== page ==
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New study finds toxic chemicals in 80% of receipt paper tested, down from 93% in 2017

Health advocates urge for continued work toward eliminating toxic bisphenols, such as BPS or BPA, from receipts through safer solutions

Ann Arbor, MI – Today, the Ecology Center’s Healthy Stuff Lab released a new report showing almost 80% of paper receipts from large retailers in the United States contain bisphenol S (BPS) – a toxic variation of bisphenol A (BPA), which was found in very few receipts. Although BPS is marketed as a safer replacement for BPA, both are endocrine-disrupting chemicals linked to health issues including cancer.

The Ecology Center, Green America, Toxic-Free Future, and customers have been advocating for years for retailers to eliminate bisphenol-coated paper receipts by going paperless or using non-toxic paper instead.

For their study, Receipt Deceit: Toxic Chemicals in Receipt Paper, released today, the Ecology Center tested 374 paper receipts from 144 major retailer chains in 22 U.S. states and the District of Columbia. The samples included major grocers as well as restaurants, big box and department stores, drugstores, gas stations, home improvement, and convenience stores.

The researchers found BPS in nearly 80% of receipts tested, down from 84% of receipts tested in 2017. BPA was found in less than 1% of receipts tested, down from 9% in 2017. The group found safer chemical alternatives in 20% of receipts tested, up from 2% of receipts tested in 2017. In the report, the researchers note the positive progress toward removing dangerous receipts while emphasizing that this unnecessary toxic hazard is still common and poses a particular hazard to workers who handle receipts. Health advocates encourage minimizing the printing of receipts and a move toward digital options as a safer solution.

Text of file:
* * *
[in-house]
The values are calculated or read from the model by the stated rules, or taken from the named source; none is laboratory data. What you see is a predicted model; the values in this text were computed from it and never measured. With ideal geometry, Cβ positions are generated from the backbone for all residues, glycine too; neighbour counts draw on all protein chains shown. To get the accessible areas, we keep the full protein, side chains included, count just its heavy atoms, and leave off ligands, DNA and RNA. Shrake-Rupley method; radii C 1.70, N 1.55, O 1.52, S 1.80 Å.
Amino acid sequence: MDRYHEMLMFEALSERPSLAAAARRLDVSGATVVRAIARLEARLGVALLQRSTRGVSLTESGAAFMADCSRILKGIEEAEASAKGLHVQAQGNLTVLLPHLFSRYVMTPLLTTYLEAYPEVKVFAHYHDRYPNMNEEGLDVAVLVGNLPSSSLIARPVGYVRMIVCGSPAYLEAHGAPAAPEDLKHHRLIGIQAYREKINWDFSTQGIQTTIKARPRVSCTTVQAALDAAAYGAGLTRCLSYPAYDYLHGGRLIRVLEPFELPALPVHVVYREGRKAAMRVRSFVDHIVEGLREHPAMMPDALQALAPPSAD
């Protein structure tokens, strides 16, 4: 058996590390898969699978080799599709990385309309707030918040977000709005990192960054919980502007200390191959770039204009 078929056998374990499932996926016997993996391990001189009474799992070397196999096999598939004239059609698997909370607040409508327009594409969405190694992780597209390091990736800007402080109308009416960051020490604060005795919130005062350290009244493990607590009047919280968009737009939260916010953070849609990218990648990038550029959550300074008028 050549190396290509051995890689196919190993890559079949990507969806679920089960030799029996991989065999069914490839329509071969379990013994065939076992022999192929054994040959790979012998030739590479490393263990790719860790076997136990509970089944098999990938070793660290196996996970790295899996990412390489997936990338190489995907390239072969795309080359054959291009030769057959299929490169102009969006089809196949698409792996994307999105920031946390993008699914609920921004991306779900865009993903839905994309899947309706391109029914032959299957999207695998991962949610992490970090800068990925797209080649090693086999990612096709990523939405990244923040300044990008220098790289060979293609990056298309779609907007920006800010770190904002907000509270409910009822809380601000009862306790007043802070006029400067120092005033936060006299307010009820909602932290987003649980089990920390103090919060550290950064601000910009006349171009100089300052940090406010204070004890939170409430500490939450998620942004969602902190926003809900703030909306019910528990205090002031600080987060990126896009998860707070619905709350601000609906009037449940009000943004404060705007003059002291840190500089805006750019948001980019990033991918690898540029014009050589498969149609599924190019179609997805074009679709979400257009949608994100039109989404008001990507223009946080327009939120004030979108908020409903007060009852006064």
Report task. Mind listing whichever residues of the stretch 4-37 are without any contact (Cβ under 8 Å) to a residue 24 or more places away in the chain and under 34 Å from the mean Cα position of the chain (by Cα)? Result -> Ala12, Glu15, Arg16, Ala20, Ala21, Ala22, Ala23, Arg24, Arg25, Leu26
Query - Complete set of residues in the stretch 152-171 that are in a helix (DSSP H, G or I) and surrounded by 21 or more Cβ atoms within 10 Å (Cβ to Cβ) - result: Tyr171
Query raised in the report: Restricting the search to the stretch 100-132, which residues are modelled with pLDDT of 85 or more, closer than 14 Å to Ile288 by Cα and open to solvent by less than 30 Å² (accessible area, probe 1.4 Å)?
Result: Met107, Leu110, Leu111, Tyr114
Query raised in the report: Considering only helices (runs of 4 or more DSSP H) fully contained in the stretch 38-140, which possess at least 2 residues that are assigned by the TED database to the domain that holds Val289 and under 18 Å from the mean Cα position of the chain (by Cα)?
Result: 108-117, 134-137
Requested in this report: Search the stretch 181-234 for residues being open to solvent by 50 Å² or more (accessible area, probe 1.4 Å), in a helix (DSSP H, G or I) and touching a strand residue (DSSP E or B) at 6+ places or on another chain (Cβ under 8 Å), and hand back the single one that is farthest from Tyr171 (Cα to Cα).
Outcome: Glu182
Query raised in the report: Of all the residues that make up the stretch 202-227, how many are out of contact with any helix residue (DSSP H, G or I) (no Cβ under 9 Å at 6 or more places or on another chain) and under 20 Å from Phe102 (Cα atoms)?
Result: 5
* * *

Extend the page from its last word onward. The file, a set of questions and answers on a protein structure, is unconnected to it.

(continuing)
“Receipts are a common exposure route for hormone-disrupting bisphenols which readily absorb through the skin. Our studies show most retailers use bisphenol-coated receipt paper,” said Melissa Cooper Sargent, environmental health advocate at the Ecology Center of Michigan. “Switching to non-toxic paper is an easy shift. We urge retailers to stop handing out chemical-laced paper to their consumers and putting employees at risk.”

“Fast food and fast casual restaurant workers often handle hundreds of receipts during each shift, which means that potential exposure to endocrine disrupting BPS or BPA is constant,” said Autumn Weintraub, Fast Food Campaign Director, Service Employees International Union Local 32BJ. “Working conditions mean that employees may have moist or greasy fingers or may frequently use hand sanitizer, all of which could greatly increase their exposure. Retailers have a responsibility to keep their workers safe while on the job. That includes keeping workers safe from harmful chemicals.”

“Retailers can protect their customers, their communities, and their employees. Removing bisphenols from receipt paper is step one, and we encourage retailers to take the next step of not printing receipts altogether unless a customer asks for one and offer a digital receipt option to all customers,” said Dan Howells, climate campaigns director at Green America.